Manufacturing

Inventor In-Depth: Functional Design Gets the Right Designs Done Faster

15 Apr, 2005 By: Kevin Schneider Cadalyst

Autodesk Inventor 10 incorporates intelligent tools that work the way engineers think


One of my earliest introductions to engineering was a grammar-school exercise in building a peanut butter sandwich. The teacher stood in front of us with a loaf of bread, a jar of peanut butter and a knife. The students were to give her instructions for assembly.

We told her to take out two pieces of bread. Next, we told her, "Put peanut butter on one slice."

Following directions, she picked up the jar and balanced it on top of a slice of bread. We hadn't suggested unscrewing the lid or using the knife. We thought this was hilarious, and silly as it was, the exercise was a lesson in one of the primary challenges in product design: abstraction.

The latest release of Autodesk Inventor, launched in March, tackles some of the long-standing constraints that technology has placed on engineers -- constraints that make design work abstract instead of intuitive. Specifically, Autodesk Inventor 10 includes more capabilities for functional design, tools that let engineers start with product performance to get to the right design. I'll review some of these features in this month's column.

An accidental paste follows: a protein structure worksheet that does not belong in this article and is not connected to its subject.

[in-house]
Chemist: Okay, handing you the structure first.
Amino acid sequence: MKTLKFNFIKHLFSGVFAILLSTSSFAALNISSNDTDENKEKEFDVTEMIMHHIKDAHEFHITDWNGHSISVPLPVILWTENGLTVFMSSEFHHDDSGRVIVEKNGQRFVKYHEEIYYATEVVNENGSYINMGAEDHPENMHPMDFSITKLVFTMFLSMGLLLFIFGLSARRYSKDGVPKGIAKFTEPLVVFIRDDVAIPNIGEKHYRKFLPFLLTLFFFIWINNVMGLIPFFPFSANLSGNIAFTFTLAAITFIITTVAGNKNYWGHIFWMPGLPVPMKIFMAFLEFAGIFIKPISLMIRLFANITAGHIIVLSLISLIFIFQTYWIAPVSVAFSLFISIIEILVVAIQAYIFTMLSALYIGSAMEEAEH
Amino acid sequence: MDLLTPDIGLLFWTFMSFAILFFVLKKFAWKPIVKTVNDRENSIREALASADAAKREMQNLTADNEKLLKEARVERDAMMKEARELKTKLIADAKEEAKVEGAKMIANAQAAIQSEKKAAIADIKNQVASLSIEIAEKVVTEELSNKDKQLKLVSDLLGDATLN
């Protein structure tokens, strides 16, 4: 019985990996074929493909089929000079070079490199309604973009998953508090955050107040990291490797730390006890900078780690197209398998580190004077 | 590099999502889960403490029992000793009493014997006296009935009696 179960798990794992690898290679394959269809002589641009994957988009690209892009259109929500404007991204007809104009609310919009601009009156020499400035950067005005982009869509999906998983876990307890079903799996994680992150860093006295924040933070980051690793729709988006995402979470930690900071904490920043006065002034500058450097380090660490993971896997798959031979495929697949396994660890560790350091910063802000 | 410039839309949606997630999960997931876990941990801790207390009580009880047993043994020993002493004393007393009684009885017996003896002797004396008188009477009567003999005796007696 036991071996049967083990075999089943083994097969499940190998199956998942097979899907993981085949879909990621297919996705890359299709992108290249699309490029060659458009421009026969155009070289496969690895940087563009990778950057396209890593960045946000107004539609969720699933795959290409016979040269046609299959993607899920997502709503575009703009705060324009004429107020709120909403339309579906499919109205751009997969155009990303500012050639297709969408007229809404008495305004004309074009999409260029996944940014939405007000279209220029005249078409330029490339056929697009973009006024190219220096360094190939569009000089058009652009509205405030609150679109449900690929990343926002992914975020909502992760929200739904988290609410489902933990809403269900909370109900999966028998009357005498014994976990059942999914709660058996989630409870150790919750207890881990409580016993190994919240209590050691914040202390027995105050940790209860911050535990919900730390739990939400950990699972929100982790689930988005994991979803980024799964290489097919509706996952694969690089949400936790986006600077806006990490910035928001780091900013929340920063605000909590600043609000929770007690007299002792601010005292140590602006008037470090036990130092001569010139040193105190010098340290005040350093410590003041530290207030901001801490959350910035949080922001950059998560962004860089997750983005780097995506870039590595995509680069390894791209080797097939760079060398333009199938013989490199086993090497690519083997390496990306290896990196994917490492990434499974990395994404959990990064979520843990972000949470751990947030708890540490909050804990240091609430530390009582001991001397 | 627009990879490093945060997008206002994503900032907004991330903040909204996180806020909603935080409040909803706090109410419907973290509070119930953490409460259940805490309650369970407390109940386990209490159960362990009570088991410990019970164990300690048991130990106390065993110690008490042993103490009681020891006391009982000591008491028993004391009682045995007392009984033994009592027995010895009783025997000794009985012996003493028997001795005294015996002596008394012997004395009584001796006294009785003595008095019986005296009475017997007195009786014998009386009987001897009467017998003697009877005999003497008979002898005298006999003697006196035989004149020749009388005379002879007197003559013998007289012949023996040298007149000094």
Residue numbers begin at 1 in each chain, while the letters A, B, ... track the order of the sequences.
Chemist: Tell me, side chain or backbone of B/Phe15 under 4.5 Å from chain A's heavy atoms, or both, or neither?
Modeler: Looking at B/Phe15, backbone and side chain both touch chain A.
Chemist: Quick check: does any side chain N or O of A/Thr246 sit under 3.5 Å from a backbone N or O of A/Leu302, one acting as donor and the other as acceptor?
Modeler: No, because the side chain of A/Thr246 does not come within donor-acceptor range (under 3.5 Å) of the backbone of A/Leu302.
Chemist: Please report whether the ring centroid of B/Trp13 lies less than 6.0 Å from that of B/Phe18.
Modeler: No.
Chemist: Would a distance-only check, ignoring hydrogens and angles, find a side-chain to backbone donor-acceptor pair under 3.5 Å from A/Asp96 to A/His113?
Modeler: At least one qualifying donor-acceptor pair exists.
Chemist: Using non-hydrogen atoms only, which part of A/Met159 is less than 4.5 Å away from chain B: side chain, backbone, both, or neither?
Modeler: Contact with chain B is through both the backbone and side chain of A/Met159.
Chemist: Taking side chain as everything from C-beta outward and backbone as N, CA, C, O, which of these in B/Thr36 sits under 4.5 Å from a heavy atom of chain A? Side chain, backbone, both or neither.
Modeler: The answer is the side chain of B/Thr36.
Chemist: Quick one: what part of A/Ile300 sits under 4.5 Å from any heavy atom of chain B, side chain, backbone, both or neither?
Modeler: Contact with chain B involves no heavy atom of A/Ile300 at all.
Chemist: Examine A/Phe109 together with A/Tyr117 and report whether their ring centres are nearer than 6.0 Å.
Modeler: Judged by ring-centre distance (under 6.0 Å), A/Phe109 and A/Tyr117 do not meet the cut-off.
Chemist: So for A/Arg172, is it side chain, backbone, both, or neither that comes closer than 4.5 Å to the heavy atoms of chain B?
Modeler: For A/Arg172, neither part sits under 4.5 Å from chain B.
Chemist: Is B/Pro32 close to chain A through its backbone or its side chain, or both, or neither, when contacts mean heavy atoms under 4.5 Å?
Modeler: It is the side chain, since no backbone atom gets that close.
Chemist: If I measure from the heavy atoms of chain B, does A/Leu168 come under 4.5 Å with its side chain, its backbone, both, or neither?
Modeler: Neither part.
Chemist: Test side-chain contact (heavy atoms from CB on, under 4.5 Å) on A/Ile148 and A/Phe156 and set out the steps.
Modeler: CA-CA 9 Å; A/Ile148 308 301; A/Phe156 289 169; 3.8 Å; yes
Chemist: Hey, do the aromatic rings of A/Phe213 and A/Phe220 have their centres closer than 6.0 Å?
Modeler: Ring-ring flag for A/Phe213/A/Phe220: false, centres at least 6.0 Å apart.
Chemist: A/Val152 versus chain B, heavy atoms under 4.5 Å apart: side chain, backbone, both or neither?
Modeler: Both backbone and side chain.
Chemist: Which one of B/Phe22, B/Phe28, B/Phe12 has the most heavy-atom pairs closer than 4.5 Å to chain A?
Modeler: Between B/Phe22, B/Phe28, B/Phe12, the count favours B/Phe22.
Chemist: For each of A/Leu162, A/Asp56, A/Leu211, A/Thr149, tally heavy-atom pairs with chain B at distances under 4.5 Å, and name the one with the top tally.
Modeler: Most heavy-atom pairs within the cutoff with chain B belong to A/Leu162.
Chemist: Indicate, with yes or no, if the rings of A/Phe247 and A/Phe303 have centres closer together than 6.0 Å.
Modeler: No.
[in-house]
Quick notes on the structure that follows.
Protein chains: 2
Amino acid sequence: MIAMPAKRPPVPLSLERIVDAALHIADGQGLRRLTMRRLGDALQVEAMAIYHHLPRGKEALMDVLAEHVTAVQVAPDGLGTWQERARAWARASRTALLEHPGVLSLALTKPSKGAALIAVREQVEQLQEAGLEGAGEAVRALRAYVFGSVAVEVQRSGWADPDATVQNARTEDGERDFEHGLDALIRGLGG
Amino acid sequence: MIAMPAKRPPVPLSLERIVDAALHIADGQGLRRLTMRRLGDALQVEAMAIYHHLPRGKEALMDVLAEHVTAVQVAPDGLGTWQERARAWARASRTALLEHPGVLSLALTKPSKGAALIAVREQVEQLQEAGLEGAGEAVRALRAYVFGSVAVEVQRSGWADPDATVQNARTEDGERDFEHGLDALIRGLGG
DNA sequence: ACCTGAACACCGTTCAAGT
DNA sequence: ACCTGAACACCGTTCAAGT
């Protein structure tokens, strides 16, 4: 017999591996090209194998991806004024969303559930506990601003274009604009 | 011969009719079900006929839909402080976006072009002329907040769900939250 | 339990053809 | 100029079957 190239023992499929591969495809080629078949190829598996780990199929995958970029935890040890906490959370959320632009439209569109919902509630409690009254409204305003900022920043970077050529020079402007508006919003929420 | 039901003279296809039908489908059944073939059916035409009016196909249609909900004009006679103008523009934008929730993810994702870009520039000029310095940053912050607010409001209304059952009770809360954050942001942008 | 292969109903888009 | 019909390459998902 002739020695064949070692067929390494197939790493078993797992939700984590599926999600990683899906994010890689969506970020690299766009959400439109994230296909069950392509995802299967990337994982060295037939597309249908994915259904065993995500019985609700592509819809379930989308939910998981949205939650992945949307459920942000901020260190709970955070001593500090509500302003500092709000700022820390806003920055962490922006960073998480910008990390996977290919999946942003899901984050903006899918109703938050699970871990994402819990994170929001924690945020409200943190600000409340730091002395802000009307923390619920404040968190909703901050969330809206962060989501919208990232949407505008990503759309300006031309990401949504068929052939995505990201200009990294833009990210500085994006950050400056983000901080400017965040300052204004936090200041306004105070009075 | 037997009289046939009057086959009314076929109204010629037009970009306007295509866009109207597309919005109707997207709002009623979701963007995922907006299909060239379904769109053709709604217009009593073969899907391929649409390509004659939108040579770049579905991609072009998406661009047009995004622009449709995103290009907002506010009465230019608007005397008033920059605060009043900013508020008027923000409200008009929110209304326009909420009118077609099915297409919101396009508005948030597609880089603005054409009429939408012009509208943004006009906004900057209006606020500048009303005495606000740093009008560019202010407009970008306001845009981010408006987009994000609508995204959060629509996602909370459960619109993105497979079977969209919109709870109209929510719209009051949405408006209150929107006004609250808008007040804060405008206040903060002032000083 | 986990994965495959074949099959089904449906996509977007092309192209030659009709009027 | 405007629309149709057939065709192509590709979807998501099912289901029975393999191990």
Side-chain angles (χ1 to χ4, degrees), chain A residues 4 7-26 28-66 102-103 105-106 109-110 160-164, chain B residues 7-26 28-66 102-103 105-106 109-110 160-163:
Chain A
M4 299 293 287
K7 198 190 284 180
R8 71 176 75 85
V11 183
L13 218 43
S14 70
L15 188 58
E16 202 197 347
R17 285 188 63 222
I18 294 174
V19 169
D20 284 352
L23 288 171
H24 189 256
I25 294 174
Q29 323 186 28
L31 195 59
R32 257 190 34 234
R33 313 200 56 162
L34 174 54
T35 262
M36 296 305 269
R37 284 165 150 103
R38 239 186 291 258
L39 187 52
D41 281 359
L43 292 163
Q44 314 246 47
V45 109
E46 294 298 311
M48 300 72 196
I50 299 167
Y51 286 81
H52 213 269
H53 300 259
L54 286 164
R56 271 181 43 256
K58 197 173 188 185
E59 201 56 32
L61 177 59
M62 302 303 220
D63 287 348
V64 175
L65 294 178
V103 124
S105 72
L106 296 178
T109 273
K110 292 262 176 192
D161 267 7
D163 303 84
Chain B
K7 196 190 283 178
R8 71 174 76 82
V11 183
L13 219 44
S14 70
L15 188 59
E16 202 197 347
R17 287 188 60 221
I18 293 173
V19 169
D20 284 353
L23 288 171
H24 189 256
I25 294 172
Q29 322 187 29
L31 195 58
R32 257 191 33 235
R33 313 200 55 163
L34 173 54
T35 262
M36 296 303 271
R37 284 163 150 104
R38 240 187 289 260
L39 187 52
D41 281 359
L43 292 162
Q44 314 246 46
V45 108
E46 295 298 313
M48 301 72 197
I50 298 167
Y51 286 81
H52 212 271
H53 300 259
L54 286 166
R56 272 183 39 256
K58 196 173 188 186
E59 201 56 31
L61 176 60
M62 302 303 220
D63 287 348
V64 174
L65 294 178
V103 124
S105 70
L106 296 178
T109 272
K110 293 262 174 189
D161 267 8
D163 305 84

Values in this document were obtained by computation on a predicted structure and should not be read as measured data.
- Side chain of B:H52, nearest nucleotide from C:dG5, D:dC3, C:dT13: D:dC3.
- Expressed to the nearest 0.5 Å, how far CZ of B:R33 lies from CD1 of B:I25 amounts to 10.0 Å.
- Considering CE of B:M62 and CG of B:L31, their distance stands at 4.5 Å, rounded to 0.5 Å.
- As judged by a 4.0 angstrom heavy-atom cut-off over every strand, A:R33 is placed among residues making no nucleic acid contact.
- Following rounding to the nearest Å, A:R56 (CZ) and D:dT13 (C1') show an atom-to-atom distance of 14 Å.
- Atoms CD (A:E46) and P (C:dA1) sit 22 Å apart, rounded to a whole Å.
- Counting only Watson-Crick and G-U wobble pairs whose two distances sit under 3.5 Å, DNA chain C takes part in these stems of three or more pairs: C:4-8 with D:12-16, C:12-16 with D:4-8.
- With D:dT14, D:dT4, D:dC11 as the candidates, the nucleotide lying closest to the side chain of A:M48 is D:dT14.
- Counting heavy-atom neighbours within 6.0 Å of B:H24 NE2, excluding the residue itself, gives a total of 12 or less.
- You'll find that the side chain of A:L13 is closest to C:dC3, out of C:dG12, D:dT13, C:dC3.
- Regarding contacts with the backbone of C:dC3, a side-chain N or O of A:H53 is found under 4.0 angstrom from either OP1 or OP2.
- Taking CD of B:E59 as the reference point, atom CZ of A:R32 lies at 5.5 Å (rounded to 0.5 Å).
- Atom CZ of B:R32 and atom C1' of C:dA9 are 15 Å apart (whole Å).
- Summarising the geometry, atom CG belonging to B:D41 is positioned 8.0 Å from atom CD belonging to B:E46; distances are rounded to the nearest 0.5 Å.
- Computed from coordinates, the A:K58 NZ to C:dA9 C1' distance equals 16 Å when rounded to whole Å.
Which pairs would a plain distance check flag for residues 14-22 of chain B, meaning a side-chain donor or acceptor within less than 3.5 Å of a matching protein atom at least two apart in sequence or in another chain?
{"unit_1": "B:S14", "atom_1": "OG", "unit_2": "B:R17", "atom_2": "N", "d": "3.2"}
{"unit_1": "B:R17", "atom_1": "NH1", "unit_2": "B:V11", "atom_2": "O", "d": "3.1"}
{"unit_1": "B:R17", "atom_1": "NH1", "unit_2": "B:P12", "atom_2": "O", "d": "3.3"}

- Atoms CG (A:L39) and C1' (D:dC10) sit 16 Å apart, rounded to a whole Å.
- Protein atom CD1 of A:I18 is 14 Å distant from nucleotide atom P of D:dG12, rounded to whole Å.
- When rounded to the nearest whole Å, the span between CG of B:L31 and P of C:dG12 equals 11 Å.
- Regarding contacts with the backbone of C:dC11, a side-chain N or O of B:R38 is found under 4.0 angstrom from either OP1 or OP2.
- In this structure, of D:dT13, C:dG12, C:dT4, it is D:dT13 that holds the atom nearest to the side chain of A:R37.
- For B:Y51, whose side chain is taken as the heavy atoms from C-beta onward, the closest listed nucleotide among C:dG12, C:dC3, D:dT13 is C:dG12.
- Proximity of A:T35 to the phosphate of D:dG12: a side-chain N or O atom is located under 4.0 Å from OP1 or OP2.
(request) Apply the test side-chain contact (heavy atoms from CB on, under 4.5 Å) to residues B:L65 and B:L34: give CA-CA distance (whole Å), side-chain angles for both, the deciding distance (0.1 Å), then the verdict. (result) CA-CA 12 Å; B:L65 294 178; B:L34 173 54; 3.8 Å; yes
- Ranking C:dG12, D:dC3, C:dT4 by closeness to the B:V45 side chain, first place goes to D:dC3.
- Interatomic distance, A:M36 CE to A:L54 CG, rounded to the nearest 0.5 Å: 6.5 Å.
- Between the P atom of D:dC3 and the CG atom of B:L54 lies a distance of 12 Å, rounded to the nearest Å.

Functional Design Works the Way Engineers Think
Take the handheld vacuum. Most likely an engineer conceived the whole first, including function, style and ergonomics: A vacuum that's small and lightweight enough to carry easily, powerful enough to operate at different angles and comfortable to grip.

Next, conventional design technology requires a step of abstraction -- like the instructions for building a sandwich. To use design software, the engineer must abstract his or her idea for the end product into elements such as geometry and features, the number of parts and how they might fit together.

This is not a very intuitive way to work. Users of 2D software spend a lot of time capturing ideas in AutoCAD and then tweaking lines, arcs and circles until calculations indicate the drawings should work. Then they build a prototype and fit the parts together to evaluate function. That's when they discover if the design works as intended. Often it's back to the drawing board.